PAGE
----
Oye Como Va!: Hybridity and Identity in Latino Popular Music

Oye Como Va!: Hybridity and Identity in Latino Popular Music

4.0 2
by Deborah Pacini Hernandez
     
 

Listen Up! When the New York-born Tito Puente composed "Oye Como Va!" in the 1960s, his popular song was called "Latin" even though it was a fusion of Afro-Cuban and New York Latino musical influences. A decade later, Carlos Santana, a Mexican immigrant, blended Puente's tune with rock and roll, which brought it to the attention of national audiences. Like Puente and… See more details below

Overview

Listen Up! When the New York-born Tito Puente composed "Oye Como Va!" in the 1960s, his popular song was called "Latin" even though it was a fusion of Afro-Cuban and New York Latino musical influences. A decade later, Carlos Santana, a Mexican immigrant, blended Puente's tune with rock and roll, which brought it to the attention of national audiences. Like Puente and Santana, Latino/a musicians have always blended musics from their homelands with other sounds in our multicultural society, challenging ideas of what "Latin" music is or ought to be. Waves of immigrants further complicate the picture as they continue to bring their distinctive musical styles to the U.S.-from merengue and bachata to cumbia and reggaeton.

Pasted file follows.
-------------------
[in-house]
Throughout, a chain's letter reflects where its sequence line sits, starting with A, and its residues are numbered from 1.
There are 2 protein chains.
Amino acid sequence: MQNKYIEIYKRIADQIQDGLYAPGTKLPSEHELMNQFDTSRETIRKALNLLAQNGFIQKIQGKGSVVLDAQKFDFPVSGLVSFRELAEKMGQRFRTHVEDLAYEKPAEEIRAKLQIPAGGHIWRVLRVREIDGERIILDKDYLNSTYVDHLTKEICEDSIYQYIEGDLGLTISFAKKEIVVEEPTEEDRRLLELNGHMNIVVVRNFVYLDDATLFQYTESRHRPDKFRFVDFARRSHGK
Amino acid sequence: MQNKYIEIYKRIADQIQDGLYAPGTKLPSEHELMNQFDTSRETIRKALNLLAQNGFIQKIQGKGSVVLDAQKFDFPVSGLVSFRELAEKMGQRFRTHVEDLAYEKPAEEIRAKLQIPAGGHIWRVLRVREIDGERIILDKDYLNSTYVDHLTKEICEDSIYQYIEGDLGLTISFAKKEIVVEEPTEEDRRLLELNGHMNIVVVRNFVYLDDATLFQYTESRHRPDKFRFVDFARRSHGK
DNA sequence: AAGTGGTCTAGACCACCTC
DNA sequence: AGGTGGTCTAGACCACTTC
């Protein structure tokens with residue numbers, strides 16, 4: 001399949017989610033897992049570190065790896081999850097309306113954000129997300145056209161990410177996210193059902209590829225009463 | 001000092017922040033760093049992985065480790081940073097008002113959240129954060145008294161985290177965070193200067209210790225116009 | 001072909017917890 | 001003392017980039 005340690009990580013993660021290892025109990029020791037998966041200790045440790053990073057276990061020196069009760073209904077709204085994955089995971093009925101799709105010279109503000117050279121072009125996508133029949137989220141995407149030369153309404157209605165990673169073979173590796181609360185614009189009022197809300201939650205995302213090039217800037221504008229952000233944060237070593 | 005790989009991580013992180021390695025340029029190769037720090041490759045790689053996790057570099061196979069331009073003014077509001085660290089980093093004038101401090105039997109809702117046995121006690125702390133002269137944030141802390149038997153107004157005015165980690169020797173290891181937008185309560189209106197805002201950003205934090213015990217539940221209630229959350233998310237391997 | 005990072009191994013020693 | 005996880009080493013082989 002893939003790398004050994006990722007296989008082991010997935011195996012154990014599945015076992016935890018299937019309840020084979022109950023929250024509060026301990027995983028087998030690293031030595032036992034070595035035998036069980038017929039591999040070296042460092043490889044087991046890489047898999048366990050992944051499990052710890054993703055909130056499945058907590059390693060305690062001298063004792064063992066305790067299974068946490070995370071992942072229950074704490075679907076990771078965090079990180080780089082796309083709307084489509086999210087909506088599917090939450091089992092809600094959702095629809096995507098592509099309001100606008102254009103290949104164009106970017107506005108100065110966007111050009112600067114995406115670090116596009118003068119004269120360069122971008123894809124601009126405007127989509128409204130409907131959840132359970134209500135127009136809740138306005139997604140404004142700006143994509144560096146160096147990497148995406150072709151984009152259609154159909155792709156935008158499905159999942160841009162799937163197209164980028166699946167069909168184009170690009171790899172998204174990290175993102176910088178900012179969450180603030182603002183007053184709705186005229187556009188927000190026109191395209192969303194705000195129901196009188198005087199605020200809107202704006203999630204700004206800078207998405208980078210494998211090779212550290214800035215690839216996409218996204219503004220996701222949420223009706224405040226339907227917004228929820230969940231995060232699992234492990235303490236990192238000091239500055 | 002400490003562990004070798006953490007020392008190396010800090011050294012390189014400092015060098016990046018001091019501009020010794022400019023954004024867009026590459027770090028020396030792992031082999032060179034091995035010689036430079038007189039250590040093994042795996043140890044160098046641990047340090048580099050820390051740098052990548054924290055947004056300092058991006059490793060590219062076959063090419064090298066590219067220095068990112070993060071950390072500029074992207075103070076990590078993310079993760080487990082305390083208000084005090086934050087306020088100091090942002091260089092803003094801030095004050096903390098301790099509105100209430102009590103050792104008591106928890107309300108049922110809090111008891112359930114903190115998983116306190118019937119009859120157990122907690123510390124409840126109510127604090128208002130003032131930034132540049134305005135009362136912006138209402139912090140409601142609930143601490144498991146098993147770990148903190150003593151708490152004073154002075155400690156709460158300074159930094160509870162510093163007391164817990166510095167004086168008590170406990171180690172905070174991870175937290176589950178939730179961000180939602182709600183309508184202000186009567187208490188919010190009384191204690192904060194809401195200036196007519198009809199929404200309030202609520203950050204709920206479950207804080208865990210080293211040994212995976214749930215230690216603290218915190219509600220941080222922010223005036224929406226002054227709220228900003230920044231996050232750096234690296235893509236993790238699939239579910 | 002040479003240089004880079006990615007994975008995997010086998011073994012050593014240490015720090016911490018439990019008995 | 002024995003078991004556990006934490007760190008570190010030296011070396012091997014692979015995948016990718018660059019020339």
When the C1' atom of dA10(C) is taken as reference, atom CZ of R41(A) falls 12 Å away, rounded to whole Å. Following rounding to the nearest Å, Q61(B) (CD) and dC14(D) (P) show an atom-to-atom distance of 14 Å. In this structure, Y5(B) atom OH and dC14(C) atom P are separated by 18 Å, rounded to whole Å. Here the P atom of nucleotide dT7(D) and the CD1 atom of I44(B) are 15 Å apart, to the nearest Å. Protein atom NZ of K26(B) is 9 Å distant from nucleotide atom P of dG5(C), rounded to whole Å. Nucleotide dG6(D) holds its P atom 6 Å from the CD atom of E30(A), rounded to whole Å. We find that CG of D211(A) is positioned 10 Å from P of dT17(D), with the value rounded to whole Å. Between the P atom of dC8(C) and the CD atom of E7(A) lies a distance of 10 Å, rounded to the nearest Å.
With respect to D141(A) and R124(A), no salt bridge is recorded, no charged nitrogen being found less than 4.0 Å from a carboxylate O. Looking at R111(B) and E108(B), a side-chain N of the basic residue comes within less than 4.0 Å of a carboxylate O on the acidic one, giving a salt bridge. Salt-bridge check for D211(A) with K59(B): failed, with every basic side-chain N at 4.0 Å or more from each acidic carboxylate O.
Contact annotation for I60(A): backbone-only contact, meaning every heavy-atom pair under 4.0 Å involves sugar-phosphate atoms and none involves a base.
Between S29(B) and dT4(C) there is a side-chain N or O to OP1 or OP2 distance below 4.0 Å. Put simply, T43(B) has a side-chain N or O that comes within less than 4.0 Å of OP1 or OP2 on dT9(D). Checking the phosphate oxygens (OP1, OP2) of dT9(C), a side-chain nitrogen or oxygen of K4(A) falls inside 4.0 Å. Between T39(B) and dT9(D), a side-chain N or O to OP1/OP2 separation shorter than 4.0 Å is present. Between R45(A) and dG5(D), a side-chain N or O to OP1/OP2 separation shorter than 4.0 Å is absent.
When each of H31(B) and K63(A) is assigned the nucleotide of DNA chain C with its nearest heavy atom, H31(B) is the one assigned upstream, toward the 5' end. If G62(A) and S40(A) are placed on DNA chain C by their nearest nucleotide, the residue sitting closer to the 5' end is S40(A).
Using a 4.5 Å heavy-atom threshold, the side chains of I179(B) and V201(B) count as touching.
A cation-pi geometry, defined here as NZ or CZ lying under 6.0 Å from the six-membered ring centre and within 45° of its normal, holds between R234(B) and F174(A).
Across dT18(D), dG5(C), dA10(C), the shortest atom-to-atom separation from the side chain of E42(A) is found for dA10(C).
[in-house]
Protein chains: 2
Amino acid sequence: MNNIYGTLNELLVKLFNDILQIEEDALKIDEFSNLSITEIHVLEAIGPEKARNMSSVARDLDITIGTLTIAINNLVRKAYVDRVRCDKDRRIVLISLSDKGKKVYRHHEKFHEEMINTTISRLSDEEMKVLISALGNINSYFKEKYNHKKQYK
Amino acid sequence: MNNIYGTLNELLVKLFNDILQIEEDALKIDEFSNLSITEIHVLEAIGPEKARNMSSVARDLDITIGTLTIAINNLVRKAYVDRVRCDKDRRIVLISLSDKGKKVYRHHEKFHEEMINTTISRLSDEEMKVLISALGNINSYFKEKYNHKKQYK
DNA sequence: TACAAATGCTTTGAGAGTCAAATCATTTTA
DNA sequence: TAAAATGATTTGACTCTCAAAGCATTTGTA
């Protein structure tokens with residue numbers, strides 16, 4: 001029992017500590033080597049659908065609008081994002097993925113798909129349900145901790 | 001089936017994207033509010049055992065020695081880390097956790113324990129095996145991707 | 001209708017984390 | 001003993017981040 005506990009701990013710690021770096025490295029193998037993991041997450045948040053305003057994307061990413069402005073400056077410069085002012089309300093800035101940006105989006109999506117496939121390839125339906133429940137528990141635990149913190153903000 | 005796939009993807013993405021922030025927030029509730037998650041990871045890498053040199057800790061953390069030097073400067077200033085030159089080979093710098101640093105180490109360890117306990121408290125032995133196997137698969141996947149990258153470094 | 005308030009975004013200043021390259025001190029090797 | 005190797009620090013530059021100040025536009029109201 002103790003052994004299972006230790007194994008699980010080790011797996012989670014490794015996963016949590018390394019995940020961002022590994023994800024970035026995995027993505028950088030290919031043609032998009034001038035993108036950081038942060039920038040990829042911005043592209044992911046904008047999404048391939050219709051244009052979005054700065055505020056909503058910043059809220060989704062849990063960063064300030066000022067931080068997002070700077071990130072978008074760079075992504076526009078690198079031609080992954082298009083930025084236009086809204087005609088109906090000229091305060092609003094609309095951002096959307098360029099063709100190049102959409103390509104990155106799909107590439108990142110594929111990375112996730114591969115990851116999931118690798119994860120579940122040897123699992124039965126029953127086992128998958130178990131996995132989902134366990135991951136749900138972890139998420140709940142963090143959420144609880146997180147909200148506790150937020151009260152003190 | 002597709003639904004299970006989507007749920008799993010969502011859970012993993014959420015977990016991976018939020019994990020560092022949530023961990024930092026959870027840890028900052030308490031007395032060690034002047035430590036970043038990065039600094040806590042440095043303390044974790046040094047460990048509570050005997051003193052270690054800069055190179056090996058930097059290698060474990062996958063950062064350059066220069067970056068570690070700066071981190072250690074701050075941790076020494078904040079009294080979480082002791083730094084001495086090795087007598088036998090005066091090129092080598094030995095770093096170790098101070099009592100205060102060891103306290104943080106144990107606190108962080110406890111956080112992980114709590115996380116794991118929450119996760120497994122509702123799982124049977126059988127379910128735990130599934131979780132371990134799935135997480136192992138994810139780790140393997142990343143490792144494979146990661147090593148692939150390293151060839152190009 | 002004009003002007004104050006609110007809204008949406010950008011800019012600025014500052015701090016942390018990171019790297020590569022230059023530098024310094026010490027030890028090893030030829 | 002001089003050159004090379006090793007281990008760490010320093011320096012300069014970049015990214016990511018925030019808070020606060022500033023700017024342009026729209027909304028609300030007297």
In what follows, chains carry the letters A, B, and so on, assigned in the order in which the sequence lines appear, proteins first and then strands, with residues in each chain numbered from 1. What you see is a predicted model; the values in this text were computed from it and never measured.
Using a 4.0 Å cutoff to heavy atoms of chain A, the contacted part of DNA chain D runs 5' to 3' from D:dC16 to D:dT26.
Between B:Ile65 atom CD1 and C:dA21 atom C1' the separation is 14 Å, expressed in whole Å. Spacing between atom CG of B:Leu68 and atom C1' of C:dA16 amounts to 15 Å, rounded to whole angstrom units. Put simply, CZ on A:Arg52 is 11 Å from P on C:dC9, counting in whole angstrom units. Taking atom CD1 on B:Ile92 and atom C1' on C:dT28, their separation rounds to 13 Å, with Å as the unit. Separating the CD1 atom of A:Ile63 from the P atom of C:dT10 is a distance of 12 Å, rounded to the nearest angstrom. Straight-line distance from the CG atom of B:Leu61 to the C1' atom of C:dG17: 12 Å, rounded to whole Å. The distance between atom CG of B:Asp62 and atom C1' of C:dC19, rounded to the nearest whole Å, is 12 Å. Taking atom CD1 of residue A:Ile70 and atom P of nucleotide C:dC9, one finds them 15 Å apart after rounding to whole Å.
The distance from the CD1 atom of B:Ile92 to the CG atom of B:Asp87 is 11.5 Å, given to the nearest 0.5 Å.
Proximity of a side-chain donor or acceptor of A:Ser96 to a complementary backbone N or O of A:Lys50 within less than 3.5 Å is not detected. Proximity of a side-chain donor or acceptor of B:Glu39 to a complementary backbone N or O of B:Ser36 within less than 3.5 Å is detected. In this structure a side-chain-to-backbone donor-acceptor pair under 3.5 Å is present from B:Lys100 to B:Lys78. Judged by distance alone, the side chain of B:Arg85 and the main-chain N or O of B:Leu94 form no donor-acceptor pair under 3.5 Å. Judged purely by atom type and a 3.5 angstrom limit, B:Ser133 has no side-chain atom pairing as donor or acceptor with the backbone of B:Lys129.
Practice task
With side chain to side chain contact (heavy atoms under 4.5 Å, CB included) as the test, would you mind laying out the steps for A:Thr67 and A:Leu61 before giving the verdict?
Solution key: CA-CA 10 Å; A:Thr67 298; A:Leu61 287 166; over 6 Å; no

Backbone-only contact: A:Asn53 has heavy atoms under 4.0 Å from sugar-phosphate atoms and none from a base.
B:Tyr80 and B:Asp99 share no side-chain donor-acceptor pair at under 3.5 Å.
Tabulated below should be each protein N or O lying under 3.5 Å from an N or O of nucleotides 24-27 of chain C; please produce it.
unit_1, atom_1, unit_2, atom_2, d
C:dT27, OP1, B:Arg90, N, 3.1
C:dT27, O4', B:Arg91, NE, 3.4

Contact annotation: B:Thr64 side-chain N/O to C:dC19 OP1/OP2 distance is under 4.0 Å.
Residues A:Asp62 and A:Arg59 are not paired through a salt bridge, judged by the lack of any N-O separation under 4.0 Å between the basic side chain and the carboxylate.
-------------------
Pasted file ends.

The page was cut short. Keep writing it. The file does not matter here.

In Oye Como Va!, Deborah Pacini Hernandez traces the trajectories of various U.S. Latino musical forms in a globalizing world, examining how the blending of Latin music reflects Latino/a American lives connecting across nations. Exploring the simultaneously powerful, vexing, and stimulating relationship between hybridity, music, and identity, Oye Como Va! asserts that this potent combination is a signature of the U.S. Latino/a experience.

Read More

Product Details

ISBN-13:
9781439900895
Publisher:
Temple University Press
Publication date:
12/28/2009
Pages:
238
Product dimensions:
6.20(w) x 9.10(h) x 0.80(d)

Table of Contents

Preface 
1. Introduction: Hybridity, Identity, and Latino Popular Music 
2. Historical Perspectives on Latinos and the Latin Music Industry 
3. To Rock or Not to Rock: Cultural Nationalism and Latino Engagement with Rock ’n’ Roll 
4. Turning the Tables: Musical Mixings, Border Crossings, and New Sonic Circuitries 
5. New Immigrants, New Layerings: Tradition and Transnationalism in U.S. Dominican Popular Music 
6. From Cumbia Colombiana to Cumbia Cosmopolatina: Roots, Routes, Race, and Mestizaje 
7. Marketing Latinidad in a Global Era 
Notes 
Selected Bibliography 
Index

Customer Reviews

Average Review:

Write a Review

and post it to your social network

     

Most Helpful Customer Reviews

See all customer reviews >